Two children found alive in rubble after building collapses in Kenya

John Ndiso and Ben Makori | NAIROBI

Two children were pulled alive on Tuesday from the wreckage of a seven-storey building in a residential area of Nairobi, rescue services said, nearly 24 hours after the building collapsed.

The Kenya Red Cross said the two children were rescued from the rubble minutes apart. The body of a woman was also found. The children were rushed to hospital.

“We have pulled out three … Two children, a boy and a girl all are alive,” Barsdley Nyangi, a rescuer with the National Disaster Management Unit, told Reuters.

Earlier in the day, Nairobi Governor Evans Kidero, speaking at the scene of the collapse, said 30,000 to 40,000 buildings built without approval in Kenya’s capital were at risk.

Residents said tenants of the building, part of a low-income neighbourhood called Pipeline Estate in southern Nairobi, near the international airport, had noticed cracks in the walls a week earlier. The building owners plastered over them with cement.

The cracks re-emerged on Monday morning, prompting officials to ask the residents to leave the building. At least 128 did leave, saving them from being trapped when the building came down

DIGGING THROUGH RUBBLE

Rescuers drawn from various government departments dug through the rubble of the building with bare hands, pulling out broken beds, mattresses and television sets, after a specialist unit from the military cut through walls and floors at the top.

Distraught relatives stood nearby and watched. They included David Kisia, who said he got a call while at work on Monday night about the collapse. His wife and three children were still missing at lunchtime on Tuesday.

“I have told them that my family is to the back of the building, but they are insisting on finishing one side first,” Kisia said.

Kenya has seen similar tragedies in the past. Forty-nine people died last year when another building collapsed during a heavy nighttime downpour in a poor neighbourhood. The government ordered the demolition of many other buildings after that incident.

Risky buildings are usually in the poorer sections of the city. Attempts to deal with the problem in the past have been stymied by owners of the buildings, who rush to court to stop demolition or other actions.

Kidero asked magistrates and judges to consider the human cost of unsafe buildings before issuing court orders against demolition.

“They should not come in our way because the result is what we have seen here,” he said.

(Additional reporting by George Obulutsa and Humphrey Malalo; Writing by Duncan Miriri; Editing by Larry King)

 

Related Content

Subscribe to our newsletter

Sign up for free newsletters and get more CNBC AFRICA delivered to your inbox

More from CNBC Africa

Kenya announces phased re-opening of the country from coronavirus lockdown

NAIROBI (Reuters) - Kenya’s President Uhuru Kenyatta announced on Monday a phased re-opening of the country from a lockdown imposed to curb...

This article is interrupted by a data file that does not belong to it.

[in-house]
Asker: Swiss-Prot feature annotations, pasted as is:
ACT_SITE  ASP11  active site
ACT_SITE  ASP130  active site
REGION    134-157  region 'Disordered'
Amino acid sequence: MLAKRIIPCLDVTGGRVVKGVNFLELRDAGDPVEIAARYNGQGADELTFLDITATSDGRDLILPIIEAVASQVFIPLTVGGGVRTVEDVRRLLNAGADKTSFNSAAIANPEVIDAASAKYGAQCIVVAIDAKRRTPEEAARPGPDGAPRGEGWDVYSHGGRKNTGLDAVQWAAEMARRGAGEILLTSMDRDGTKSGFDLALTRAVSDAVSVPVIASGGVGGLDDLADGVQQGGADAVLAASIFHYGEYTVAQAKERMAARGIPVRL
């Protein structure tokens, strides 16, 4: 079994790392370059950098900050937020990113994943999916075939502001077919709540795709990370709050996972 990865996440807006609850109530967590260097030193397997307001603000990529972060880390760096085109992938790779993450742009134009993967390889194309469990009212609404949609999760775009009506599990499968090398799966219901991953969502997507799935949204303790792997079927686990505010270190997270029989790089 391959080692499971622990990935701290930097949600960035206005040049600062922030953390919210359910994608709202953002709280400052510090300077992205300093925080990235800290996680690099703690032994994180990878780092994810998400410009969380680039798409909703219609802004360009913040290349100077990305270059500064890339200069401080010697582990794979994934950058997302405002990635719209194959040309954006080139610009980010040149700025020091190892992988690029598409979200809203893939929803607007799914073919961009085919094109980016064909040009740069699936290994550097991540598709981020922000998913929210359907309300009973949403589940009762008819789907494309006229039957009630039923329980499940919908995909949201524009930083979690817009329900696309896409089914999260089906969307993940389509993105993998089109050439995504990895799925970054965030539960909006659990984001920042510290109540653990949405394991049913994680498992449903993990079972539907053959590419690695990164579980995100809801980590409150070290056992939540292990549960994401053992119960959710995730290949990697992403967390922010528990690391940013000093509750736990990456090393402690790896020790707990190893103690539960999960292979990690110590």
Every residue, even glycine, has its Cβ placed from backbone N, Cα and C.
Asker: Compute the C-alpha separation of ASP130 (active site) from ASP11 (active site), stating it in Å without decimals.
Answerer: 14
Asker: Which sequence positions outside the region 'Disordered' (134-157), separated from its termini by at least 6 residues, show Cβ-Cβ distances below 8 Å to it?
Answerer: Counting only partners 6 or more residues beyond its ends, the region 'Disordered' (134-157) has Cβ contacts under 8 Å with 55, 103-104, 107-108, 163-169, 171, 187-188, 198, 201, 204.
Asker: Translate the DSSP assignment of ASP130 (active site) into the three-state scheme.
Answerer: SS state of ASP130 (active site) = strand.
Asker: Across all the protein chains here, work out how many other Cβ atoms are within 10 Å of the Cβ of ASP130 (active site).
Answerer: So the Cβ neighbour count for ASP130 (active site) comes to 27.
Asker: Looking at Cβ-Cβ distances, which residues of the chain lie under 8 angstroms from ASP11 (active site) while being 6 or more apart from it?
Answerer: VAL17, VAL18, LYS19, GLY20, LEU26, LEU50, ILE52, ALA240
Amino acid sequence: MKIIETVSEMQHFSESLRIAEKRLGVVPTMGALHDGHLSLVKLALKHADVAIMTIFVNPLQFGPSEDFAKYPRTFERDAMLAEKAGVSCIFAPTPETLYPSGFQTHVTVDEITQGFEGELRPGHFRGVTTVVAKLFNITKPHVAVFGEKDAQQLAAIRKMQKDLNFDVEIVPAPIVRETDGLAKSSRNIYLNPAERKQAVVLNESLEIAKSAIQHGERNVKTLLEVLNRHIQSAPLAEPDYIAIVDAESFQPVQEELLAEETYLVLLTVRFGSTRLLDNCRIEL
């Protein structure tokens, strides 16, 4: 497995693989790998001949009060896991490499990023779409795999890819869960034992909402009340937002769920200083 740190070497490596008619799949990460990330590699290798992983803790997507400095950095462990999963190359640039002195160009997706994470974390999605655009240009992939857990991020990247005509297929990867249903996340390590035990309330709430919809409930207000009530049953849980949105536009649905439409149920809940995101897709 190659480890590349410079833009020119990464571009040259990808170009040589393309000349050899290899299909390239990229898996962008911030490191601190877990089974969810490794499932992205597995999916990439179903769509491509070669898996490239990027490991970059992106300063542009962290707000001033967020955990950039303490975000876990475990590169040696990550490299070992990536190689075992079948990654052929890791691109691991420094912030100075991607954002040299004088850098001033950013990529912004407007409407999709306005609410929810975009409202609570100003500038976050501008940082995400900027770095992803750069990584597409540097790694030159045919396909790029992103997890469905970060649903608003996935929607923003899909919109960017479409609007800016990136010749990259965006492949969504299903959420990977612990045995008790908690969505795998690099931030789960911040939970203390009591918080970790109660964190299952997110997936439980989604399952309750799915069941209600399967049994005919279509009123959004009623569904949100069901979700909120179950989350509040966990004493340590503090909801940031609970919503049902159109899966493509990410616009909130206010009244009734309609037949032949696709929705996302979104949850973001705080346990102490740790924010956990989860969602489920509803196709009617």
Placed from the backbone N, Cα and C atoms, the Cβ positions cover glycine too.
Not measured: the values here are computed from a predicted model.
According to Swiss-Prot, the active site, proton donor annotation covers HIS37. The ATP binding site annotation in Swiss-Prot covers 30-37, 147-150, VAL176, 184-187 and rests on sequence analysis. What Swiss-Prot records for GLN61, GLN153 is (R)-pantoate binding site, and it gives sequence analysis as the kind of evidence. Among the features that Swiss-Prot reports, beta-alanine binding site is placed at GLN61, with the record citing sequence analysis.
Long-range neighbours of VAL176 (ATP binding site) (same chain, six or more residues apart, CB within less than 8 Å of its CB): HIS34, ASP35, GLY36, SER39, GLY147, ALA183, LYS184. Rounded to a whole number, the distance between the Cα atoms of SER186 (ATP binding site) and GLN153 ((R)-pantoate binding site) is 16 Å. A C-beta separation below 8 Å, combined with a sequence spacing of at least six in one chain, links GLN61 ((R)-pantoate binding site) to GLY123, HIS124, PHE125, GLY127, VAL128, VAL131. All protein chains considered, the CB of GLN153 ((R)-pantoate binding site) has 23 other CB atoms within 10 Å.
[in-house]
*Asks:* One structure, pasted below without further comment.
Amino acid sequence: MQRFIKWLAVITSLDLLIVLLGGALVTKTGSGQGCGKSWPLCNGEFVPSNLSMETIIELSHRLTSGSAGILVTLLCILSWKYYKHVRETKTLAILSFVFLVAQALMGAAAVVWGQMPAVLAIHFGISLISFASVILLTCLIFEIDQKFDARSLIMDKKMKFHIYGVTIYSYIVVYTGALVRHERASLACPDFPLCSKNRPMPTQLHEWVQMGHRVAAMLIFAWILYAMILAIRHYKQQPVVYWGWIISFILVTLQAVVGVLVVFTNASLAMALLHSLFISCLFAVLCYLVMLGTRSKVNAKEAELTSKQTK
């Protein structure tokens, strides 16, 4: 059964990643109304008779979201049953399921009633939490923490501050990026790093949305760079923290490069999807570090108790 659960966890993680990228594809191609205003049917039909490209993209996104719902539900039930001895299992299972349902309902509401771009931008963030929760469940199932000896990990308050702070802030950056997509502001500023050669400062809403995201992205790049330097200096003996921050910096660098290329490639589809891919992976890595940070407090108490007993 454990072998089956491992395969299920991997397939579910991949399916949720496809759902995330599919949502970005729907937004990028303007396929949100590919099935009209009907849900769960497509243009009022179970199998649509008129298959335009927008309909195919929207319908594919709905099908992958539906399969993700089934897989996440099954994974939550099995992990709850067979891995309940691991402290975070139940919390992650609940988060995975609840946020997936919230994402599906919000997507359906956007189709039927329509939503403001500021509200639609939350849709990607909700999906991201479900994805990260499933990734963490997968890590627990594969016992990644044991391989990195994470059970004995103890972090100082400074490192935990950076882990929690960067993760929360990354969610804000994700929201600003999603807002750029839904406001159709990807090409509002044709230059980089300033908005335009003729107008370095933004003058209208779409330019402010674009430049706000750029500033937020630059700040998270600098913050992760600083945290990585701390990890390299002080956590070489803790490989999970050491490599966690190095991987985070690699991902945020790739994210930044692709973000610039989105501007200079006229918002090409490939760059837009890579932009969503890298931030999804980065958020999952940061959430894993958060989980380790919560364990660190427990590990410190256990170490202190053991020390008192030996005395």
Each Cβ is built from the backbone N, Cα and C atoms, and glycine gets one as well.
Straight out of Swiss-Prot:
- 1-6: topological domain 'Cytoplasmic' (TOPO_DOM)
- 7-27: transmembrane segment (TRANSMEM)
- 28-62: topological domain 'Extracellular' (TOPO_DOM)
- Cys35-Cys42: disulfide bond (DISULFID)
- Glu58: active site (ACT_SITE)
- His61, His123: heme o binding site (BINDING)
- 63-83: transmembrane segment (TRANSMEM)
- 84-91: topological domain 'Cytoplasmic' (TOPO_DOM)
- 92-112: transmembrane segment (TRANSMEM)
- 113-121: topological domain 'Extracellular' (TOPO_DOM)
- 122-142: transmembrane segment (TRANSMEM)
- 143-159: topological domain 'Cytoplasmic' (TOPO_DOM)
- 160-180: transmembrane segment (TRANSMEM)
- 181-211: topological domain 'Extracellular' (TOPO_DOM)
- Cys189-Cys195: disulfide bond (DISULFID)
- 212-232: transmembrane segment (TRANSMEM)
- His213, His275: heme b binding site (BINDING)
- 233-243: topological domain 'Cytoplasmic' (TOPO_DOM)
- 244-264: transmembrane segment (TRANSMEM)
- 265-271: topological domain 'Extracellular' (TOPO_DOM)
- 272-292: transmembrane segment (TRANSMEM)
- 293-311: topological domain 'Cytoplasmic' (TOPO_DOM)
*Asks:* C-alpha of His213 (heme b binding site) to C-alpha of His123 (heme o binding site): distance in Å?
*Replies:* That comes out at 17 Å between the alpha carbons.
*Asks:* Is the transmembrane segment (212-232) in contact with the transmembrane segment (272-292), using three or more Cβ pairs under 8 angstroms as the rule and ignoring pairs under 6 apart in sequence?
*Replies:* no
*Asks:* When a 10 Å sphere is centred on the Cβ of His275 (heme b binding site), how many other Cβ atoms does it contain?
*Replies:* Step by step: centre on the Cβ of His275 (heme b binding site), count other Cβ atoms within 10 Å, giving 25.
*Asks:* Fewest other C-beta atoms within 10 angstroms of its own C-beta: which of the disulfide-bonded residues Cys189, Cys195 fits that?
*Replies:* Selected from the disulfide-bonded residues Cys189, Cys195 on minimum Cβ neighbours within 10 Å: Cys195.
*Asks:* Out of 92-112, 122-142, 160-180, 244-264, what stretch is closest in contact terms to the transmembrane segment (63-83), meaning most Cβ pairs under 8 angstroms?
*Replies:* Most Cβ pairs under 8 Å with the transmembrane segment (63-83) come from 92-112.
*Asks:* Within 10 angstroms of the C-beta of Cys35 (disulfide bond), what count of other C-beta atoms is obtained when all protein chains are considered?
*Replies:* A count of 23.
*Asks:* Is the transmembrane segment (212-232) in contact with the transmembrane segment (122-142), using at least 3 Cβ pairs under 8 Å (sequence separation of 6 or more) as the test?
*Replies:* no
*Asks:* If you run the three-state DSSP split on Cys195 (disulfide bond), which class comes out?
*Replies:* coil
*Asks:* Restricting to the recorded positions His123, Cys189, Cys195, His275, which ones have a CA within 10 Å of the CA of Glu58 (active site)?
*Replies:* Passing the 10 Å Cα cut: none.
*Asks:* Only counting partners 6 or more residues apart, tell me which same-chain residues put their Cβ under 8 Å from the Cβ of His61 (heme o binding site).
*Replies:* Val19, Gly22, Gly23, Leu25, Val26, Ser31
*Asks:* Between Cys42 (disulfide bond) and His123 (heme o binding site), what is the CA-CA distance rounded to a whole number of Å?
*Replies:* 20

Australia’s Prospect Resources picks advisor for sale of Zimbabwe lithium mine

HARARE (Reuters) - Australian-listed Prospect Resources said on Monday it had picked Renaissance Securities Capital as its exclusive financial advisor for the...

This crowdfunding initiative is helping vulnerable Lagosians during COVID-19

A new private sector-led initiative is looking to crowd source funds from Nigerians to help about two million Lagosians whose livelihoods have been severely impacted by the Covid-19 pandemic. Yomi Adedeji, CEO of Softcom and Convener of the HelpNow Initiative joins CNBC Africa for more.

How COVID-19 has impacted the progress of Dangote Refinery

Despite the Covid-19 pandemic, work is still on-going at the 650 000 barrels per day Dangote Refinery, which is expected to be commissioned in January next year. The company’s Group Executive Director Devakumar Edwin joins CNBC Africa to share some insight on the progress.

Partner Content

Maktech’s Godwin Makyao: Now Is A Time of Entrepreneurial Opportunity in East Africa

As an executive decision-maker in both the telecommunications and tourism industries, Godwin Makyao could not have experienced a more diverse set of...

Sanlam launches urgent job-preservation initiative in response to COVID-19

Sanlam Investments is responding to the COVID-19 pandemic through large-scale support of the recovery of South African companies, from small enterprises to...

Trending Now

Morocco’s economy to contract 13.8% in Q2, 4.6% in Q3 – planning agency

Rabat (Reuters) - Morocco’s economy is expected to contract by 13.8% in the second quarter under the impact of the coronavirus lockdown,...

What’s Next For The U.S. Economy: Gary Shilling

Financial analyst Gary Shilling says the stock market could be set for a big pullback similar to the decline in the 1930s during the Great Depression. He explains how the coronavirus pandemic will result in long-term structural changes in the economy

Nigerian equities dip further

The NSE All Share Index was the lone laggard among the African bourses last week shedding 1.99 per cent. What can we expect from the Lagos bourse this week? Ayodeji Ebo, Managing Director of Afrinvest Securities joins CNBC Africa for more....

Naira Outlook: CBN working on gradual unification of exchange rates

No doubt Nigeria's currency has come under pressure in recent months; the Central Bank of Nigeria says it is working towards the gradual unification of exchange rates. But what does the CBN's recent move in asking lenders to bid for dollars at 5 per cent above the official rate mean for the markets going forward? Victor Aluyi, Head of Portfolio Management at Comercio Partners joins CNBC Africa for more.
- Advertisement -